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1950s Lavender Scare: LGBT Persecution In The US State Department

1950s Lavender Scare: LGBT Persecution In The US State Department

The 1950s saw the US State Department persecute its public servants indiscriminately by methodically scanning personnel files, going through personal correspondences and interviewing potential threats all purportedly to root out ‘scandalous’, ‘immoral’ and ‘dangerous’ behaviour.

One would think that the 1950s was the decade of the Cold War and the Red Scare was at its peak, however the LGBT were not targeted because they were communists but were unabashedly bullied and supposedly considered unfit to serve due to their sexual perversions as “they could become an easy target for Communists to ensnare”.

This period from the mid-40s all through the 50s and early 60s came to be known as the Lavender Scare. It ran concurrent to the Red Scare to systematically target, interrogate and subsequently purge suspected gays and lesbians, in the thousands. Some of them were so badly shamed and depressed with losing their jobs and personal dignity that they even took the extreme step of ending their lives.

The Lavender Scare was a horrible time for lavender boys and lavender girls (gays and lesbians, as they were then known) in the USA as homosexuality was until then considered a crime, perceived as a mental illness and a sign of perversion. But as cities grew, gay culture began to flourish and gay people began to find each other at underground bars and pubs. As a natural reciprocation, American culture started getting more and more conservative and stricter policing of sexual expression became the norm.

Many people began equating Communism with homosexuality—people like Senator Joseph McCarthy, linked what he considered to be the madness of Communists to the supposed mental imbalances of gay people. “Many assumptions about Communists mirrored common beliefs about homosexuals,” noted National Archives archivist Judith Adkins. “Both were thought to be morally weak or psychologically disturbed, both were seen as godless, both purportedly undermined the traditional family, both were assumed to recruit, and both were shadowy figures with a secret subculture.”

The official rationale wasn’t that homosexuals were Communists, but that they could be used by Communists. A variation on the blackmail rationale held that Communists promoted “sex perversion” among American youth as a way to weaken the country and clear the path for a Communist takeover.

Under the guise of locking down National Security the State Department actively began pursuing, targeting and interrogating public servants who were suspected of sexual perversions. They were then pressured hard and bullied to put in their resignations. Investigators looked for supposed signs of homosexuality, like being unmarried, and scrutinized employees’ and potential hires’ voices, mannerisms and dress for stereotypical markers that they might be gay.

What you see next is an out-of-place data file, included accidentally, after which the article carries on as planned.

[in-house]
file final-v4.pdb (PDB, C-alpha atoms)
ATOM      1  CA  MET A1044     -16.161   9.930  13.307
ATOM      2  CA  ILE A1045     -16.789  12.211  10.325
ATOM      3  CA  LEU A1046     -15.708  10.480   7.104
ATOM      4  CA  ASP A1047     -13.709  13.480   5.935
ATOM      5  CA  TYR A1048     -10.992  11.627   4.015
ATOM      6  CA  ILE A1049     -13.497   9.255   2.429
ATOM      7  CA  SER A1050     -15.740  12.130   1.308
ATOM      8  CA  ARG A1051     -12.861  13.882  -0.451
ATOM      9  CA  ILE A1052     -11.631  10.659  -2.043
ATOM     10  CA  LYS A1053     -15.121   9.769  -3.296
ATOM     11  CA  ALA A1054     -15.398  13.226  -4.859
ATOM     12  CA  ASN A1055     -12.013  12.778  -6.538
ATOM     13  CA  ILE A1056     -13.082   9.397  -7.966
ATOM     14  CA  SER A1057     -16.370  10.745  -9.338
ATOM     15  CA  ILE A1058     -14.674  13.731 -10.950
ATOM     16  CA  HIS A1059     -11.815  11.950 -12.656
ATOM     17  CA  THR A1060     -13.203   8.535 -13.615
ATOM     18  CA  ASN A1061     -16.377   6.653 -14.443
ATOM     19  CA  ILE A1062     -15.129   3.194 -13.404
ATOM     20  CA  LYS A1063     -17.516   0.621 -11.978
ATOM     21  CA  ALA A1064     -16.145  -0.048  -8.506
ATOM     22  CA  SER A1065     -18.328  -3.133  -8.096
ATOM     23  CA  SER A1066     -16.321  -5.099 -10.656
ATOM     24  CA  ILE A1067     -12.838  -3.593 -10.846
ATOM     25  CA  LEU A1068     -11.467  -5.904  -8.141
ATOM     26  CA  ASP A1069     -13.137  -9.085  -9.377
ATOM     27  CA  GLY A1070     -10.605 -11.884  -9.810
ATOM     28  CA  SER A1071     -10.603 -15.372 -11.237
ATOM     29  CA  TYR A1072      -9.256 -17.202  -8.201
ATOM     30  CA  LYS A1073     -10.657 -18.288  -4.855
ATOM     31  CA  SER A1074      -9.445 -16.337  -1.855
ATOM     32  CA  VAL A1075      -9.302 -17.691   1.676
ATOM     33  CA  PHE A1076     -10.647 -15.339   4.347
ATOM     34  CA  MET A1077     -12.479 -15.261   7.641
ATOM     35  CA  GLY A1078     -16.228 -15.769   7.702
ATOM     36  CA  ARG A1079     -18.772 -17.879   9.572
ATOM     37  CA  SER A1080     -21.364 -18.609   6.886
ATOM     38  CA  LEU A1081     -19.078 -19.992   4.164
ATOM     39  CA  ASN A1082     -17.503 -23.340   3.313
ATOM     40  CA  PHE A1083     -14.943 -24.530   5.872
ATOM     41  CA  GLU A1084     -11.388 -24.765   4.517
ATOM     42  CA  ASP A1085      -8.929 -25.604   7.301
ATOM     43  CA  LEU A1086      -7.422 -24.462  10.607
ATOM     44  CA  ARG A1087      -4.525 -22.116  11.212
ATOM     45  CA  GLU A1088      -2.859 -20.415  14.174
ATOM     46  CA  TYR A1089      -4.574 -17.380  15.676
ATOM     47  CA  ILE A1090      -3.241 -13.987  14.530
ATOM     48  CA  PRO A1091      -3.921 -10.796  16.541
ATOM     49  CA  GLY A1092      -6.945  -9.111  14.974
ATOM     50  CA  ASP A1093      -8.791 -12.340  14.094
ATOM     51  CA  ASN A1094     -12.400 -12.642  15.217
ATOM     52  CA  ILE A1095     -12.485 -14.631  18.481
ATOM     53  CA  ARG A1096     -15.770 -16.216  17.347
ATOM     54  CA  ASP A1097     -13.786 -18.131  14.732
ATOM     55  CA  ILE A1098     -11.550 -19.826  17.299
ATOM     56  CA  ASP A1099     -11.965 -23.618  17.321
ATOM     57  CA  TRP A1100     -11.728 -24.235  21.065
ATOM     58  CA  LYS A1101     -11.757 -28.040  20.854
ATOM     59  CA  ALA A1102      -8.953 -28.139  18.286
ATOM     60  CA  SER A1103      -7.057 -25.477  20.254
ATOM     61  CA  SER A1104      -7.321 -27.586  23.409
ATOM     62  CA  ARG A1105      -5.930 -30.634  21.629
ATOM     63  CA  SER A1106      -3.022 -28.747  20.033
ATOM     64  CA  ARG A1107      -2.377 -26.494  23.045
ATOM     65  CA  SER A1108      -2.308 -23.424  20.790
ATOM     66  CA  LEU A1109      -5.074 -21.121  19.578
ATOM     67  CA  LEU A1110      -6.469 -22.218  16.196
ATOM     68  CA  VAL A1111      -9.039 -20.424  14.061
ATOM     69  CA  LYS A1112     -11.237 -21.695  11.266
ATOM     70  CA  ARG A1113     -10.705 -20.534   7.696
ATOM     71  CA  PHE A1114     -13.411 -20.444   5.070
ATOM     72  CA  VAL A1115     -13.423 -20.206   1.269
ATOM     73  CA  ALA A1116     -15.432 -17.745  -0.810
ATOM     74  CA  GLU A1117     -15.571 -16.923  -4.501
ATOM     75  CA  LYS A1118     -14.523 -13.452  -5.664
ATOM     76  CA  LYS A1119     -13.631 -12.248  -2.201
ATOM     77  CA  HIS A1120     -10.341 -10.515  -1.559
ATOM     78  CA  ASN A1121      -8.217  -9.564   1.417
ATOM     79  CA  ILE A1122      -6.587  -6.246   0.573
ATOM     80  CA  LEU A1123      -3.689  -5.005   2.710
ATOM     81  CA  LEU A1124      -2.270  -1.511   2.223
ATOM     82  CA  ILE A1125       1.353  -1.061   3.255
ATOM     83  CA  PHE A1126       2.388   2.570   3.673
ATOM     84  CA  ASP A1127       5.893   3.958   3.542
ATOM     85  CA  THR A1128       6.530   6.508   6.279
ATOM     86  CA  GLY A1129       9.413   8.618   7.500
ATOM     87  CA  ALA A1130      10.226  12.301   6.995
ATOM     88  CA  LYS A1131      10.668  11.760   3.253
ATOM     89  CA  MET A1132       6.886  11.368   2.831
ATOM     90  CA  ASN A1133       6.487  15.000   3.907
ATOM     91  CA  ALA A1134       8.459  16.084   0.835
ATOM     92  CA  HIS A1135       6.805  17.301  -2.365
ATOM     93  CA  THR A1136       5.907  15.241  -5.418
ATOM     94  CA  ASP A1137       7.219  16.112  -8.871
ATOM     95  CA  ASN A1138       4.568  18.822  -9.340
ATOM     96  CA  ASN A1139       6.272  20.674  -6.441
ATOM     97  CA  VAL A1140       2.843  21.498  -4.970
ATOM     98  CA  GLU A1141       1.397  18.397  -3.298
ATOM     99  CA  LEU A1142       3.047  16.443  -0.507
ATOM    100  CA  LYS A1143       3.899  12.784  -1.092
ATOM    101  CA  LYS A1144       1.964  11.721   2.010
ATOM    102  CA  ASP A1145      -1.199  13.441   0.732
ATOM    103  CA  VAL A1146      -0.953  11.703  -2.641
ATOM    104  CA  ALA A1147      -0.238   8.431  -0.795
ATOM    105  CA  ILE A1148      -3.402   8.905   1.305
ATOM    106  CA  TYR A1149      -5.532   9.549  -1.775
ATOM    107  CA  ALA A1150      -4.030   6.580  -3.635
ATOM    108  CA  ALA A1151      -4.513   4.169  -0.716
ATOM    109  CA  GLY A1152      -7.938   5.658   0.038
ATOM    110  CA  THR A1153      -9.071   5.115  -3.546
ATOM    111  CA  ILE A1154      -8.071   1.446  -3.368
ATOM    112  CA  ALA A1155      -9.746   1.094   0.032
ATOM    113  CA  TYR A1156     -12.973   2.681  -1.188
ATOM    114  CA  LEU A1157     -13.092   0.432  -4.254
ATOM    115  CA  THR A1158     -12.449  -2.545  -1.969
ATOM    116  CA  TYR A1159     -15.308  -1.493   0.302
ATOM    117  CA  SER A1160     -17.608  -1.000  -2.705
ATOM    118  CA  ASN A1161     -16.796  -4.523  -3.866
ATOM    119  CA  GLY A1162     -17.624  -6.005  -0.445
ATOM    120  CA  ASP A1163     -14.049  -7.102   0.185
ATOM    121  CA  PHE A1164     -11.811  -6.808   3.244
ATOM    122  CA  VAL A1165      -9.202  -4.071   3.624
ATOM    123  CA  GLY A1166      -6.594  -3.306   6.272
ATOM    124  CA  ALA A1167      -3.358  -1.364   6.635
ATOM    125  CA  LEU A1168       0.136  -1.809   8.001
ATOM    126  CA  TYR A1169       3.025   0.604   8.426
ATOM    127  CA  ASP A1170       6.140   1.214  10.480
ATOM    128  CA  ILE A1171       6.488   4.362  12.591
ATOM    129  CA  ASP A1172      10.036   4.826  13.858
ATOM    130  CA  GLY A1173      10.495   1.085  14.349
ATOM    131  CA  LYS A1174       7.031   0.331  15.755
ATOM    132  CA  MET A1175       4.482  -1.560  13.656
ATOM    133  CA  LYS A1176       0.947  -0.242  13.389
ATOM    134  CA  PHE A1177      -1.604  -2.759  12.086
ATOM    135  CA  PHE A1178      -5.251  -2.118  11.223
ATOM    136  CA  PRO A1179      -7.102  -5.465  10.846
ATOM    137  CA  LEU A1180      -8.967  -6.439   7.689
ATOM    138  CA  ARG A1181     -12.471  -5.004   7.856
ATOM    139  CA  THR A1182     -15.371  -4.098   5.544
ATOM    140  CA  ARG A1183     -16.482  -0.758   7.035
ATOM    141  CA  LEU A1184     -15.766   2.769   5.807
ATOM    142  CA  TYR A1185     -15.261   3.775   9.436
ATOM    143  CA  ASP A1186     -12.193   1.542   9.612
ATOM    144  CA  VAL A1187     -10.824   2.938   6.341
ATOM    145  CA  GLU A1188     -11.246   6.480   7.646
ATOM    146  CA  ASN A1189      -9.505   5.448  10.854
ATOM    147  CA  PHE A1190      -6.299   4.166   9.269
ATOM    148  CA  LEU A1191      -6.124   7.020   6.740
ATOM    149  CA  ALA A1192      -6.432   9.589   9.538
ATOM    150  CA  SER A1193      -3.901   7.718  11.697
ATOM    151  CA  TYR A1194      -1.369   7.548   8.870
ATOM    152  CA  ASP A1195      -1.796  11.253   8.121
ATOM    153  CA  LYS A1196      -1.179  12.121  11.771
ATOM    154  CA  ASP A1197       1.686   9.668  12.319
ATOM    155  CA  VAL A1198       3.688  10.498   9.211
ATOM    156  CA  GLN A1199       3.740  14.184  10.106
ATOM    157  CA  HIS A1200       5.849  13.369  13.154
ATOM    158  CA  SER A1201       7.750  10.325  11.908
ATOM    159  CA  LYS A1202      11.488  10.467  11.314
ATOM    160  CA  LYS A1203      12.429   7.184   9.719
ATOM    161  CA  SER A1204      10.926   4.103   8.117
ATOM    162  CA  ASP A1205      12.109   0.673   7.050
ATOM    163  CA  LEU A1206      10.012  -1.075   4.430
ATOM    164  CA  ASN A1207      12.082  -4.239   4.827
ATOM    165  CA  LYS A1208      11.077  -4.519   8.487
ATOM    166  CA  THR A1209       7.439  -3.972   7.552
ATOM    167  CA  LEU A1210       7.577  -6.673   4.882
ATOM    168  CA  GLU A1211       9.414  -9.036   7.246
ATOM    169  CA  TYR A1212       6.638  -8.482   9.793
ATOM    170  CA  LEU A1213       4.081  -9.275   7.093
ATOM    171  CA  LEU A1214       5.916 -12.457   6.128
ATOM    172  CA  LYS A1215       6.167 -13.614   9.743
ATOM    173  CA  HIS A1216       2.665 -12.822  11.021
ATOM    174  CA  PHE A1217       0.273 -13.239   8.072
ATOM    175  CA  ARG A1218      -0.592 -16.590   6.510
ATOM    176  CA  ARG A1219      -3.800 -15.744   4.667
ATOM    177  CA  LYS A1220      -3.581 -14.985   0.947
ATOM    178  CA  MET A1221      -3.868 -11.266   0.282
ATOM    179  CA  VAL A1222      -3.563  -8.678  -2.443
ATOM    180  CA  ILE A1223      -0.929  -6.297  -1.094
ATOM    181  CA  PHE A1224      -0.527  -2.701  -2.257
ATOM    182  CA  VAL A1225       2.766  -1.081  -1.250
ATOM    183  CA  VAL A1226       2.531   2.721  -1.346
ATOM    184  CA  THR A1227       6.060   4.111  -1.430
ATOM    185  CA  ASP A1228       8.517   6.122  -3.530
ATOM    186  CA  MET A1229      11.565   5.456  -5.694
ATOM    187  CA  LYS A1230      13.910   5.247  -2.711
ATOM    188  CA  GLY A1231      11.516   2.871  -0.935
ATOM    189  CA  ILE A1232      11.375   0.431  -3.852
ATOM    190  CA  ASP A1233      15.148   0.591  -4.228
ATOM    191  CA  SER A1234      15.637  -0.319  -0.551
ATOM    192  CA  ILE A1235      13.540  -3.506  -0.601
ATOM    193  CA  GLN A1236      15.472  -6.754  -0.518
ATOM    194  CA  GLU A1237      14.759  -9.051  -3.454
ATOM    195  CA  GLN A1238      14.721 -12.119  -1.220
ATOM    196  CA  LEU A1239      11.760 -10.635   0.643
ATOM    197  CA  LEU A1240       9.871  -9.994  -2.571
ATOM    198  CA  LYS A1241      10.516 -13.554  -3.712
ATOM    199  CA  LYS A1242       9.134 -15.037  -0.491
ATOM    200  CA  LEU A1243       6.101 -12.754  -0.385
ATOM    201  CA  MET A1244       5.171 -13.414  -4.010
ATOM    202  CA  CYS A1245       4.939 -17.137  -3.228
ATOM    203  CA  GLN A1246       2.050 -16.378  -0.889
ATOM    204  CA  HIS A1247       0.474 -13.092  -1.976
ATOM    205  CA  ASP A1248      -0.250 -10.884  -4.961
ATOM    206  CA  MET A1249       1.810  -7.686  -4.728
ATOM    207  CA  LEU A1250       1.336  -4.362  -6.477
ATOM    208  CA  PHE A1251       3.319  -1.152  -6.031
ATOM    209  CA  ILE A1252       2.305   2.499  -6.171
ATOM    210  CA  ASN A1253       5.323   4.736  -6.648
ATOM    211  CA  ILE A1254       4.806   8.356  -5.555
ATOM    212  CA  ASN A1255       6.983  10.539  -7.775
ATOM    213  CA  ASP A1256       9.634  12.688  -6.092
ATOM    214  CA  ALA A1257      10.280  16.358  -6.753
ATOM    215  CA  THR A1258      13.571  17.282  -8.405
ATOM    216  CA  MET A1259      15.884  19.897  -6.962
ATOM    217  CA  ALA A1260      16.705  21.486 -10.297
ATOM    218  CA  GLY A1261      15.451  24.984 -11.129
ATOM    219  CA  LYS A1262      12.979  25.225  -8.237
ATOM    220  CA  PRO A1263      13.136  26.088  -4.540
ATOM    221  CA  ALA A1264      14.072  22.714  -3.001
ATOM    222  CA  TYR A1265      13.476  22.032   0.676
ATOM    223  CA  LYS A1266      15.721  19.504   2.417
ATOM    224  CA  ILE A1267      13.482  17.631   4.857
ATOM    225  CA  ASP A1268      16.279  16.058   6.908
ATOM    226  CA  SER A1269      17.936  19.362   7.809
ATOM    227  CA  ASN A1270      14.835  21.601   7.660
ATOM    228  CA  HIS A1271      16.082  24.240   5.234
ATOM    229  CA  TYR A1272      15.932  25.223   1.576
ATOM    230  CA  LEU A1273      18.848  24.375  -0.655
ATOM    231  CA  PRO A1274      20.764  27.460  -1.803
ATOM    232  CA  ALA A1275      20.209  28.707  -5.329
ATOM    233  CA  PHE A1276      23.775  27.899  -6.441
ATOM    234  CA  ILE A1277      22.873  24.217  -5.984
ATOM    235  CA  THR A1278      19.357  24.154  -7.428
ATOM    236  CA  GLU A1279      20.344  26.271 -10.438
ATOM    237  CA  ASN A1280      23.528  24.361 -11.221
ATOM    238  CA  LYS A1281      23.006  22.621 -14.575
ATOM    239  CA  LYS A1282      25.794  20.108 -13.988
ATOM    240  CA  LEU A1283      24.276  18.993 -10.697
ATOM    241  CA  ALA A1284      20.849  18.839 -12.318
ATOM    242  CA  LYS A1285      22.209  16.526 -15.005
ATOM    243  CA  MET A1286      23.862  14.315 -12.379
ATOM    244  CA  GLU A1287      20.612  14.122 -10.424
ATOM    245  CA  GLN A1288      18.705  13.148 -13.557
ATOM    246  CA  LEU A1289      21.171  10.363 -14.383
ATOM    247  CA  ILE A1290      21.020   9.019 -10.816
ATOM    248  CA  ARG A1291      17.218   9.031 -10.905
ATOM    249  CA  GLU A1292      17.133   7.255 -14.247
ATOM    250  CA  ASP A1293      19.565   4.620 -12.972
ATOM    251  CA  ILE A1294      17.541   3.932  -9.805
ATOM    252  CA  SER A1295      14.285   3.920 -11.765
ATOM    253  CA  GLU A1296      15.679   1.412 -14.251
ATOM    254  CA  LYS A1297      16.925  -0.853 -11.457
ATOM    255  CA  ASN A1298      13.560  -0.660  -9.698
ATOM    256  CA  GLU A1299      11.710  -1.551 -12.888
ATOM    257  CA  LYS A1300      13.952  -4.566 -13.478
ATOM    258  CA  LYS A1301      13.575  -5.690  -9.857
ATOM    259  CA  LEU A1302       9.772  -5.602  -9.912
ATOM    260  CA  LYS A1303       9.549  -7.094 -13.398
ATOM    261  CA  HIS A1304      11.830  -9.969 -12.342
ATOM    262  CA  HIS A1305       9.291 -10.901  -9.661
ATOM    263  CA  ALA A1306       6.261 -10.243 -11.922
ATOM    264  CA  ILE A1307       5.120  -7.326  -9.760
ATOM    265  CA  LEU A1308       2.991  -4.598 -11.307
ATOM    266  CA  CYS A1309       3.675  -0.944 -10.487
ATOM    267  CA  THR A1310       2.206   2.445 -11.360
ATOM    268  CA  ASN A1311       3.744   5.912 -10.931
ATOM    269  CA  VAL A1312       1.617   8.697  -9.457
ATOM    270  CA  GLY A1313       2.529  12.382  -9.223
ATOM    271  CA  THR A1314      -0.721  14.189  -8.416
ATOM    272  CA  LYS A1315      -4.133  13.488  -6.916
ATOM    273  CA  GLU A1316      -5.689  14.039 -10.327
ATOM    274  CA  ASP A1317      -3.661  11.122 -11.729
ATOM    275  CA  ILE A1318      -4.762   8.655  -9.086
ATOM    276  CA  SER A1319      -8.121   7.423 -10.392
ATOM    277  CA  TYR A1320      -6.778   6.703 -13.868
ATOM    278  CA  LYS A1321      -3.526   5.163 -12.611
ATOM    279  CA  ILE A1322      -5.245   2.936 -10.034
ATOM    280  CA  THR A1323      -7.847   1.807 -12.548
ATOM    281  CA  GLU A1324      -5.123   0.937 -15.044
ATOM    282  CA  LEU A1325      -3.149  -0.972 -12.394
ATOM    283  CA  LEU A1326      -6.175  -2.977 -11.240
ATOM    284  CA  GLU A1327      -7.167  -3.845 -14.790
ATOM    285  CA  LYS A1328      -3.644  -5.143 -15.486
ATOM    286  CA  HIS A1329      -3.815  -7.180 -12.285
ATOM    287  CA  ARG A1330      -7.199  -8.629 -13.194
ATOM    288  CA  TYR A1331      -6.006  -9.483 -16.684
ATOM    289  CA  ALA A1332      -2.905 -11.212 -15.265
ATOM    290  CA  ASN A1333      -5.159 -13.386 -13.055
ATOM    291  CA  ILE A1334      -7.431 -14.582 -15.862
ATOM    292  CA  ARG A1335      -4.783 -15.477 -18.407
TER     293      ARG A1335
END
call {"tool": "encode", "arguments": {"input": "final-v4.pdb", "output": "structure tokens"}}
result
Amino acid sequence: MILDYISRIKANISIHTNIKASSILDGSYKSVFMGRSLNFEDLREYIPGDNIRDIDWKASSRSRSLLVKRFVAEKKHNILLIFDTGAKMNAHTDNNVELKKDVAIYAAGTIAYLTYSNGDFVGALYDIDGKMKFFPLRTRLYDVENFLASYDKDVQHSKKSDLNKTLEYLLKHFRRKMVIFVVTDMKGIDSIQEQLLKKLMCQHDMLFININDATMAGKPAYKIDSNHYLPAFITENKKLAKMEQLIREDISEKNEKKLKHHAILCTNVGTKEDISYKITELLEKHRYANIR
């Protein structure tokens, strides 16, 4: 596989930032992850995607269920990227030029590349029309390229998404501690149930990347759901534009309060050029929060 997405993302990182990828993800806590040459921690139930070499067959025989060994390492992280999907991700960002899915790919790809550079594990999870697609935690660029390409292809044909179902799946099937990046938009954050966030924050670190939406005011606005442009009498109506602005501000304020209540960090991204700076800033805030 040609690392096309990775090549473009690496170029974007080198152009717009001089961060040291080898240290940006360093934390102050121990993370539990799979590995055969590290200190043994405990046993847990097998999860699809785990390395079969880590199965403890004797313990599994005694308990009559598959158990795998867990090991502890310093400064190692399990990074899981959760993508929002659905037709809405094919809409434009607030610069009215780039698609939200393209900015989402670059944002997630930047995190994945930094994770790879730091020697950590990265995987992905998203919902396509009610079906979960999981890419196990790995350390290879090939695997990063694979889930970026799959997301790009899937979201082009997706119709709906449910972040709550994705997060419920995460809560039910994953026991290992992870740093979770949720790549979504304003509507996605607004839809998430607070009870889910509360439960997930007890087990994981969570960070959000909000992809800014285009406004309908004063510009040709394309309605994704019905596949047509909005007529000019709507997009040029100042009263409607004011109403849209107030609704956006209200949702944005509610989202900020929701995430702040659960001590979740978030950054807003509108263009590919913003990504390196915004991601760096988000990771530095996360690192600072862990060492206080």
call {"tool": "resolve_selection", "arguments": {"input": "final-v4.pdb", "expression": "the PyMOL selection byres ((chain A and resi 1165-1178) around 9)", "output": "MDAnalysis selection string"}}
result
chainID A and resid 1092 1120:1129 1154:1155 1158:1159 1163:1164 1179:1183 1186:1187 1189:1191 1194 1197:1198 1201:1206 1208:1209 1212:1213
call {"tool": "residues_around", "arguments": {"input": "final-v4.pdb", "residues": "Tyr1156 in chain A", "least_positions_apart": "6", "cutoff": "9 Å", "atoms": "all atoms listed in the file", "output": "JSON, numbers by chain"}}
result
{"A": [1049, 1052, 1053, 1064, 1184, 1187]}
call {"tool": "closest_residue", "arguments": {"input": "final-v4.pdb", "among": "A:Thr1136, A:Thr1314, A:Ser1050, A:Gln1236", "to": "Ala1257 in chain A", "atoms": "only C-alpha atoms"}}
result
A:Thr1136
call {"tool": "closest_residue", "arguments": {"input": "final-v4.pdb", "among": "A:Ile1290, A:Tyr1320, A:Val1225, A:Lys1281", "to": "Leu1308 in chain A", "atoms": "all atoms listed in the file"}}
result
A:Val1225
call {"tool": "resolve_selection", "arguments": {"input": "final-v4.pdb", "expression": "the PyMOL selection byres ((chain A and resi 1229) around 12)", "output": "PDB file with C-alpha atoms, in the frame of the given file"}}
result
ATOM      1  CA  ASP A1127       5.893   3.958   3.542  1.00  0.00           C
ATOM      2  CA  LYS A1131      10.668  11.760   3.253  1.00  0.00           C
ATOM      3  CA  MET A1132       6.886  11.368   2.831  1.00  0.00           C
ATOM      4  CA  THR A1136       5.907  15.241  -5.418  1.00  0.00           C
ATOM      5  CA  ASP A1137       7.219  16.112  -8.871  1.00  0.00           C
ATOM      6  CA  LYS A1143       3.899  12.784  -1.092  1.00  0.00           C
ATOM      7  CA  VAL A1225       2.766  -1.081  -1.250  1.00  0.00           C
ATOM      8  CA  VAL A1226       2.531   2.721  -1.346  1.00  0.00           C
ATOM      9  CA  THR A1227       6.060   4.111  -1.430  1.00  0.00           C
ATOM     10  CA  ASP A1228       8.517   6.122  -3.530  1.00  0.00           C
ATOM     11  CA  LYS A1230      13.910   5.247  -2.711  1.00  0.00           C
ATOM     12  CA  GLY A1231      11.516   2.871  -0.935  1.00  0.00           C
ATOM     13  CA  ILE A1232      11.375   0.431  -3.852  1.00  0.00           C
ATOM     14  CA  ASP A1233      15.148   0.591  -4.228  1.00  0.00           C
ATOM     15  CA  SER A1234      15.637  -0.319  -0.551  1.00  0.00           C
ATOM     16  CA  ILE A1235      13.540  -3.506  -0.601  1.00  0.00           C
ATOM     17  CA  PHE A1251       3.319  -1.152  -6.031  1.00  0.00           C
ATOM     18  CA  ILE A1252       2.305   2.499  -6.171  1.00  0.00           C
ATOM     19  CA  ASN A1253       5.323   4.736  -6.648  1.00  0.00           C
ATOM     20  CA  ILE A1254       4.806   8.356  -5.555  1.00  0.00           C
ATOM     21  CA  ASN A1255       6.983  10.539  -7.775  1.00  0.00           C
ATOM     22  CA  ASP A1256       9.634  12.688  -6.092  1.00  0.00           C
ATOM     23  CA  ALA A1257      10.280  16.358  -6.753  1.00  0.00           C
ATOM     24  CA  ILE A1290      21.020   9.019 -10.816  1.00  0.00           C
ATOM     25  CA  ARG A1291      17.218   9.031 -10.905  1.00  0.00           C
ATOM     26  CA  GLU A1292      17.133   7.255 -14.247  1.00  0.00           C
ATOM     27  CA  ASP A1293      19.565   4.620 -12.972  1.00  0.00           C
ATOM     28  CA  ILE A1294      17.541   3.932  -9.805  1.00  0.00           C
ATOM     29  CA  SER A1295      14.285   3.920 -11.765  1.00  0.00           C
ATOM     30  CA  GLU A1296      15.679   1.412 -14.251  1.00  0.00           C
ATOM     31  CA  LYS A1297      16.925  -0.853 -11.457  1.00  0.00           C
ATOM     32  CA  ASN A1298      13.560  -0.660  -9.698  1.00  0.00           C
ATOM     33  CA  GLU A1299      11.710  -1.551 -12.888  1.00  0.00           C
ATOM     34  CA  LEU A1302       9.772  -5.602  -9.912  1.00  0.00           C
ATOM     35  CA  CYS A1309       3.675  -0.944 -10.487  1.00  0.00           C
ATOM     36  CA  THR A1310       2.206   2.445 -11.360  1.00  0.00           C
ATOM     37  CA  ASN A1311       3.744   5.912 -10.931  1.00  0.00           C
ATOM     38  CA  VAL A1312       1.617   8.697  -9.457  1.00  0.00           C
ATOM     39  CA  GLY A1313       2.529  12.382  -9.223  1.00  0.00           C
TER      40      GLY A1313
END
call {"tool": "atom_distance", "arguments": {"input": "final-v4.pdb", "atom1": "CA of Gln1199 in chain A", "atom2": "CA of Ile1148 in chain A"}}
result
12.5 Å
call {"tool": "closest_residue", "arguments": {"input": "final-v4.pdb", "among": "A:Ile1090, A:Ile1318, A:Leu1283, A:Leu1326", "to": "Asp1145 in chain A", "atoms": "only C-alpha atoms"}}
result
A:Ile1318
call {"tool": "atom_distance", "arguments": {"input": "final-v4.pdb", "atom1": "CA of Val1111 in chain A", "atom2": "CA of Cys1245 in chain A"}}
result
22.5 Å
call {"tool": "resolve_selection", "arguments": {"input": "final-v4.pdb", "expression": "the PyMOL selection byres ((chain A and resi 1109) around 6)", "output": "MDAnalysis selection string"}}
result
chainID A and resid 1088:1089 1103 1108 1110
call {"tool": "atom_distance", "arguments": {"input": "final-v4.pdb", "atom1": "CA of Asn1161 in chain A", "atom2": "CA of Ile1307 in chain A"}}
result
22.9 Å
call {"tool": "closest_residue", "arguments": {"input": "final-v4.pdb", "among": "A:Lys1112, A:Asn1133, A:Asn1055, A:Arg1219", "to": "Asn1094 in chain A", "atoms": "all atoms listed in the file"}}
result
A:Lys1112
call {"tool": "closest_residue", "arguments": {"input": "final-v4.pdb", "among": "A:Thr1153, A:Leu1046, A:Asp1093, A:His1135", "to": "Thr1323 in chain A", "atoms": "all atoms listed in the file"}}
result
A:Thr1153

As the search for gay State Department employees intensified, so did the pressure. People were questioned, publicly humiliated and mocked by investigators. They were encouraged to denounce others and report suspected homosexuals. And in 1953, President Eisenhower signed Executive Order 10450, which defined a laundry list of characteristics as security risks, including “sexual perversion.” This was interpreted as a ban on homosexual employees, and even more firings took place.

Section 8 of President Dwight D. Eisenhower’s 1953 Executive Order #10450, “Security Requirements for Government Employment,” where it states that “sexual perversion” could be used as a fair reason to terminate someone’s job. At the time, homosexuality was considered a “sexual perversion”. (Credit: The National Archives)

Many committed suicide but others like Frank Kameny, fought back. Fired in 1957, he petitioned the Supreme Court for relief in recognition of his civil rights. They declined to take the case, so he picketed the White House. He fought to counter workplace discrimination for the rest of his life. Kameny wasn’t the only person galvanized by the public targeting of LGBT people—in 1969, the Stonewall Riots made gay rights a front-page issue and the movement Kameny helped start and the Lavender Scare helped foment, has flourished ever since.

Gay rights picketers protesting outside of the White House, 1965. The second man in the line walking forward is gay rights activist Frank Kameny. (Credit: Bettmann Archive/Getty Images)

The Lavender scare lasted until the 1960s, when investigations slowed. Only in the 1970s was the ban on gay intelligence community members relaxed, and it took until 1995 for another executive order, signed by President Bill Clinton, to explicitly state that the government may not discriminate based on sexual orientation when it comes to granting access to classified information. By then, countless gay people had been reminded for years that their participation in the State Department was not wanted—and that they would be treated as second-class citizens if they tried to serve their country.

Shortly before leaving office, Secretary of State John Kerry made a public apology on behalf of the State Department for the persecution of LGBT employees. “These actions were wrong then, just as they would be wrong today,” he said. The apology has since been removed from the State Department’s website—a reminder that struggles over LGBT rights are anything but relics of the past.

Today, memories of the Lavender Scare are fading as the people it targeted grow older. The experiences of others, who never told their stories for fear of being kicked out of their jobs, too, will never be known.

Written by:- Delshad Master

 

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